Communicating Your Value in a Challenging Economy with Gavin Page
The past few years have been a rollercoaster ride for everyone, especially those in sales and business development.
With the ongoing pandemic, we have witnessed drastic economic changes, and we’re not quite sure what the future holds. From the initial shock of Covid to the post-Covid boom and now the post-Covid bust, it’s been a rocky road, to say the least.
And as we navigate through this uncertain period, sales reps (SDRs) and account executives (AEs) are faced with a new set of challenges.
Gaving Page, Founder and Director at Excelerate360, joined us on The Predictable Revenue Podcast to discuss the changes that have occurred in sales development and how to communicate your value in a challenging economy.
How Sales Development Has Changed
The current market is experiencing a lot of change, and it seems like every month, there’s another piece of damning news about the tech industry.
This has caused a lot of fear and nervousness in end-customers who are purchasing technology products, as they are unsure of the knock-on effects of the whole tech issue. The economic pressure on consumers due to the cost of living crisis, increasing fuel costs, and other factors has only added to the anxiety.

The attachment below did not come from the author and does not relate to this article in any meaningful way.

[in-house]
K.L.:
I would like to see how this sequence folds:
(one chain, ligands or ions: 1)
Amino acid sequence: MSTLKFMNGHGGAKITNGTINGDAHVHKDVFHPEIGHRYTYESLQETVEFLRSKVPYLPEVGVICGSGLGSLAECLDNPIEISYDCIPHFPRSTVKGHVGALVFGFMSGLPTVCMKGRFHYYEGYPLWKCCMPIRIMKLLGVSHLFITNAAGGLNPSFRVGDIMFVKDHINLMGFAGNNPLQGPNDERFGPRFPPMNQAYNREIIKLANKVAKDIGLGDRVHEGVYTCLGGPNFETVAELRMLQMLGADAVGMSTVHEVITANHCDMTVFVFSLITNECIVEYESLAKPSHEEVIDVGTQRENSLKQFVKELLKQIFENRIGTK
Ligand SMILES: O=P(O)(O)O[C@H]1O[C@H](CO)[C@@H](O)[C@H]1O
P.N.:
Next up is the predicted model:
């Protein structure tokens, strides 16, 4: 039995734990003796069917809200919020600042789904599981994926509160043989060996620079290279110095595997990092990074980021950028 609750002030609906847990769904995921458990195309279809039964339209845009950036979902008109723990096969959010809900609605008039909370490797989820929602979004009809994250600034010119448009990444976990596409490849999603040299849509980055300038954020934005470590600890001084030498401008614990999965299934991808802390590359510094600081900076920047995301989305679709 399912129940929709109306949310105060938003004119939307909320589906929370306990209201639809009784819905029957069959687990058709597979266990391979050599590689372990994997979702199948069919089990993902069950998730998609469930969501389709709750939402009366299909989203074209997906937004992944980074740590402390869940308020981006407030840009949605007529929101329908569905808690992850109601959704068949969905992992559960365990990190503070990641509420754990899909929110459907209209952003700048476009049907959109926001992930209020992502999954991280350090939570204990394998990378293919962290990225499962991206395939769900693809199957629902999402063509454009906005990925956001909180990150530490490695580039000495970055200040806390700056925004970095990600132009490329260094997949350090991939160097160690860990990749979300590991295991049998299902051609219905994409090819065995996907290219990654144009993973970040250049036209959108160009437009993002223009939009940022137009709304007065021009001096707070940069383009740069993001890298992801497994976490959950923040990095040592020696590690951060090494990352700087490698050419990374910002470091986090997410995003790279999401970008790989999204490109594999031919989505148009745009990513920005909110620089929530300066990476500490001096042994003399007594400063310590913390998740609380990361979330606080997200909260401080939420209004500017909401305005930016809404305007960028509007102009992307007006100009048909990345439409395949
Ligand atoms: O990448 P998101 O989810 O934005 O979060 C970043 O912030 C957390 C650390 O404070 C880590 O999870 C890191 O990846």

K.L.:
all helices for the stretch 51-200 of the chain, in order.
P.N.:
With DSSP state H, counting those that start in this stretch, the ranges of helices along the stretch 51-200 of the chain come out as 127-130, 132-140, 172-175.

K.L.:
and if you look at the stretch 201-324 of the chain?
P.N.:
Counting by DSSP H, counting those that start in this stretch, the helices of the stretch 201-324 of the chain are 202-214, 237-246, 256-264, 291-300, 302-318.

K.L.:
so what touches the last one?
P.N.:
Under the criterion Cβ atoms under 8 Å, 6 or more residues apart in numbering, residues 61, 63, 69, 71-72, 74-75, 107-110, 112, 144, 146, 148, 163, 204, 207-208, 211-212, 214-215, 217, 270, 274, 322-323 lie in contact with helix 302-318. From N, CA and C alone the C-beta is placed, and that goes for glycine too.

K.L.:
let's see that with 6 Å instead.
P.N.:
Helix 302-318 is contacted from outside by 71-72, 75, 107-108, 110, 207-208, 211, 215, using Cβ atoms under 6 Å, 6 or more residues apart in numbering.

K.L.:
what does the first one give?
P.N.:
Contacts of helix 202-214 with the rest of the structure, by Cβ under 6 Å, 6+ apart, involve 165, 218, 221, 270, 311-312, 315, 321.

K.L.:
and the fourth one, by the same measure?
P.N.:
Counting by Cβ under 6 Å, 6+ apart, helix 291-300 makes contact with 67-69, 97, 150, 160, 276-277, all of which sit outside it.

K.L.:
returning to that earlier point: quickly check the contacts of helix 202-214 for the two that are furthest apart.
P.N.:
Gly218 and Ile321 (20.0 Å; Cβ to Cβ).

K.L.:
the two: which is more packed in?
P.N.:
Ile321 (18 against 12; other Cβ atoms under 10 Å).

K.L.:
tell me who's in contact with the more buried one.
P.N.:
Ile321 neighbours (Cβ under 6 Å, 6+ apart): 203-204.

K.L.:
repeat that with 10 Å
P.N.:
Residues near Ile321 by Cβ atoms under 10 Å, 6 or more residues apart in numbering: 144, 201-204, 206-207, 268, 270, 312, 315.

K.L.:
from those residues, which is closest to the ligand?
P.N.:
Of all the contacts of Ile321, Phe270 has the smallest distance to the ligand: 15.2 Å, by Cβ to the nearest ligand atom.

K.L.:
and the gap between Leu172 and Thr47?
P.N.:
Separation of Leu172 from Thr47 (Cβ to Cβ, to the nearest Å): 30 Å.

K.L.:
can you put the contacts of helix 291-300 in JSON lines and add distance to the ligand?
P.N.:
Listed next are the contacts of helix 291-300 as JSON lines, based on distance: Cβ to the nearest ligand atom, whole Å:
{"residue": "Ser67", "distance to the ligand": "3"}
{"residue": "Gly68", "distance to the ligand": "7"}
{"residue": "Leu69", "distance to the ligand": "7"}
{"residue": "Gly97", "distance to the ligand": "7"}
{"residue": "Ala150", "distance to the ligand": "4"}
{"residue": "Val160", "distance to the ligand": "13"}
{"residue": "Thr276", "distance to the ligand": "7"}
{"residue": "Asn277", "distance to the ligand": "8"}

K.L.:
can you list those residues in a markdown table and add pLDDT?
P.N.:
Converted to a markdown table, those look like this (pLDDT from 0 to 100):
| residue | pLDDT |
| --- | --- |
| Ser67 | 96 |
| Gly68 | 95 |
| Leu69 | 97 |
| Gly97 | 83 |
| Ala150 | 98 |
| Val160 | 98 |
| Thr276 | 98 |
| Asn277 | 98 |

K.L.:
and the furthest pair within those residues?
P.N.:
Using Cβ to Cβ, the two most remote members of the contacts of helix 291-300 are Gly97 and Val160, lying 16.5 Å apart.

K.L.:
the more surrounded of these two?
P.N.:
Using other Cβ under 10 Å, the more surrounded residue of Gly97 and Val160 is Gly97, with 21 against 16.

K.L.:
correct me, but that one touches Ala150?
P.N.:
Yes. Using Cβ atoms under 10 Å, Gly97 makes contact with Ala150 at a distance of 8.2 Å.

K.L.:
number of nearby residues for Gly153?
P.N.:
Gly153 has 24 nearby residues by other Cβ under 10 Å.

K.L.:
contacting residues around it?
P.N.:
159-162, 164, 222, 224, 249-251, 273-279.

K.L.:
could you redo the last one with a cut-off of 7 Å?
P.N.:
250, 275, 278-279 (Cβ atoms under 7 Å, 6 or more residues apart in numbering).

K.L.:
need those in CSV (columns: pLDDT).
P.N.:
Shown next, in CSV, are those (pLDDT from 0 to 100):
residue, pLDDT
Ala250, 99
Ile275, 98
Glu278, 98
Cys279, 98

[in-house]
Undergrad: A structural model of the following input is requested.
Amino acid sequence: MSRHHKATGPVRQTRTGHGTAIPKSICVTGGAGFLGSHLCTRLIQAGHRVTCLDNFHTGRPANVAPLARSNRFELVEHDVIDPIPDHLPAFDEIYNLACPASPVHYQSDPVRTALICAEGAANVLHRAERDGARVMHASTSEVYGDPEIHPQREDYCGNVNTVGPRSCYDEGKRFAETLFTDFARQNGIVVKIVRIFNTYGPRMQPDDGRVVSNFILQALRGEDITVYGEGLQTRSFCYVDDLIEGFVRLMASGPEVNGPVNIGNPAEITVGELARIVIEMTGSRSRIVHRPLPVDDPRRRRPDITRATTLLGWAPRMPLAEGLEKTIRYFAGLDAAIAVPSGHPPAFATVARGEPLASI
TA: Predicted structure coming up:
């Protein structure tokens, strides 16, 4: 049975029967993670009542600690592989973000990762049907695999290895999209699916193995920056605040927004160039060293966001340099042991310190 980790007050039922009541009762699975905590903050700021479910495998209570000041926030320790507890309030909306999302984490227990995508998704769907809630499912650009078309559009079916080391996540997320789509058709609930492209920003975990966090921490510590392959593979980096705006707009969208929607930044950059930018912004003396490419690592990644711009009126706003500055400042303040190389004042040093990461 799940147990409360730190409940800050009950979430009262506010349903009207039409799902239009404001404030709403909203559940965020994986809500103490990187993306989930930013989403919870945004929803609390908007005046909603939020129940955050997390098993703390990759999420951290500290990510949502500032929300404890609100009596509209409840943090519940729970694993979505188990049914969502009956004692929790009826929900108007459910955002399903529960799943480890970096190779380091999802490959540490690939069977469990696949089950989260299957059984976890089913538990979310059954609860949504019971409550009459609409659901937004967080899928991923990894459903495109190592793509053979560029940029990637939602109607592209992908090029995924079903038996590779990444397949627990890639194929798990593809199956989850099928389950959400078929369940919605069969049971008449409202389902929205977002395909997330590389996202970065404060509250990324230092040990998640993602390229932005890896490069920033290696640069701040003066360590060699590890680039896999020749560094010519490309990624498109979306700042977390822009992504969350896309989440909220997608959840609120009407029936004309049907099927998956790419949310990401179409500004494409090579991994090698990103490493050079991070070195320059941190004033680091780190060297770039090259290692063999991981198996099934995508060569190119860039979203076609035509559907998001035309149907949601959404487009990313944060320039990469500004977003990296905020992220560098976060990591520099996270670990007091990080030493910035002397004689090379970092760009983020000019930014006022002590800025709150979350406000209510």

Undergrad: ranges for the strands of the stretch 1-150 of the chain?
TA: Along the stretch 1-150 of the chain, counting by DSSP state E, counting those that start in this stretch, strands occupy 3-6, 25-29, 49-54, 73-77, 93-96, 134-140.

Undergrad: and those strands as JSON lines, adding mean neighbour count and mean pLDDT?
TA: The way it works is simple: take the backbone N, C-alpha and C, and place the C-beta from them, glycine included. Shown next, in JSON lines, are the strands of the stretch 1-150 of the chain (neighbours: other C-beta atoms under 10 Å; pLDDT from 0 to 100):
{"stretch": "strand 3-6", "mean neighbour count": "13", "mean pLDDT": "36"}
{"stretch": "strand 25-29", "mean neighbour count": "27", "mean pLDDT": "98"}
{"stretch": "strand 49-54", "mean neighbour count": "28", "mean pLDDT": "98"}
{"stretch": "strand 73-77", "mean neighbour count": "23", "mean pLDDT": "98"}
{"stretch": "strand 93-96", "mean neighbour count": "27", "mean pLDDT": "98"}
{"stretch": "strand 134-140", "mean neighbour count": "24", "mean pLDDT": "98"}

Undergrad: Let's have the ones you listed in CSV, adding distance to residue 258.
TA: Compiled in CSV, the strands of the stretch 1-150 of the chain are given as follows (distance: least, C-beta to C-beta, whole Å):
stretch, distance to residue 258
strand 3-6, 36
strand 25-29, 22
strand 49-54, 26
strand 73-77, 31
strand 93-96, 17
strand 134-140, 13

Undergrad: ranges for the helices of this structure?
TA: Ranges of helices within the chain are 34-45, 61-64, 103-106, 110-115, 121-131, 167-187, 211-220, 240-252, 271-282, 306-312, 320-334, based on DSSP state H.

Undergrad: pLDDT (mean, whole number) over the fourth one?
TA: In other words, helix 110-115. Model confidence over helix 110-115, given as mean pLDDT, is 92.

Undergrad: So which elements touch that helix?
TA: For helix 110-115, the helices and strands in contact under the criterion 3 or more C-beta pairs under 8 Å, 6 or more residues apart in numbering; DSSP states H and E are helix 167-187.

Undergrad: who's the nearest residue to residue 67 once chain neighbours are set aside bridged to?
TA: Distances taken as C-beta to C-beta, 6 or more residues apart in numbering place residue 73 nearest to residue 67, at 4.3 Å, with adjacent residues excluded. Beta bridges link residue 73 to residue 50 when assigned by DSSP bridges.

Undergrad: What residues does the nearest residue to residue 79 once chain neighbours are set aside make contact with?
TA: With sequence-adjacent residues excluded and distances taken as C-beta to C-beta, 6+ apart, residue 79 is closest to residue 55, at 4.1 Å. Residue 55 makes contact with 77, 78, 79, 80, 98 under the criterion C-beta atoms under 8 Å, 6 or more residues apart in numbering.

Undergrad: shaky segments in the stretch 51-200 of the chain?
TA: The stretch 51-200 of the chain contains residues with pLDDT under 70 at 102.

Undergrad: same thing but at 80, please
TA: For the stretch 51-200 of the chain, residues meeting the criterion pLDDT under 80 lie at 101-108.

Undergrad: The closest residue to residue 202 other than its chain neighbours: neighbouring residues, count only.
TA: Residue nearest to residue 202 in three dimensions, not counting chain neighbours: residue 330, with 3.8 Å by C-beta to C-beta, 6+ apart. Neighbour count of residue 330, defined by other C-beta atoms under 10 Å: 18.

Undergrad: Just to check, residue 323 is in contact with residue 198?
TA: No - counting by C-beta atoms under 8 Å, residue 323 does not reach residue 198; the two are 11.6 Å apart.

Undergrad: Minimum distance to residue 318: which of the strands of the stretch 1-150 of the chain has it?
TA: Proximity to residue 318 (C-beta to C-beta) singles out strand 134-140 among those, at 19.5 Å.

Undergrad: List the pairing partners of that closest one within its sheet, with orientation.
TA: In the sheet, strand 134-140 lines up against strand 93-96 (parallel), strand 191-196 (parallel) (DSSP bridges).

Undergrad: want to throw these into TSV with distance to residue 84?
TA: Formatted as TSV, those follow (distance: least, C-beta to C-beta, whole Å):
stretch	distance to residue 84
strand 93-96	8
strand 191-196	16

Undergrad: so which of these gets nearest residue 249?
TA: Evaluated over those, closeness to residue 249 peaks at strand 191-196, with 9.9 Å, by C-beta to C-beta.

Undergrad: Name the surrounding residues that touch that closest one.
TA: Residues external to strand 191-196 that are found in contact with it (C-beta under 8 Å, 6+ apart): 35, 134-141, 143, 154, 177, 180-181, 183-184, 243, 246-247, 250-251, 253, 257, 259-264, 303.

End customers in many industries are under pressure, which slows decision-making and makes the job of an SDR even harder. It’s no longer feasible to pick up the phone 100 times a day and easily book a meeting or even engage with prospects meaningfully.
The old multi-channel, multi-touch strategy approach still holds, but it requires more creativity and intelligence to succeed in content and engagement tactics. And the key here is adding extra value to the customer through outreach.
Dynamics of Sales with Tightened Budgets
With tightened budgets and a focus on short-term gains, businesses are becoming more rigorous in their buying process.
This shift has affected everyone. We can see sales and revenue teams that used to have unlimited budgets now have pretty locked-down ones. The investment period is gone, and leaders are now looking for short-term returns within 90 days or less.
The way funding is coming from the market has also changed. There was a time when profit didn’t matter, and businesses were focused on gaining customers and increasing customer lifetime value (CLV).
These dynamics have highly affected how sales development representatives (SDRs) engage with potential customers because it’s getting harder to open doors and have those first conversations. People are keeping their heads down and not having as many speculative conversations because of the potential risk involved.
What We Can Do Differently Now to Hit Sales Quota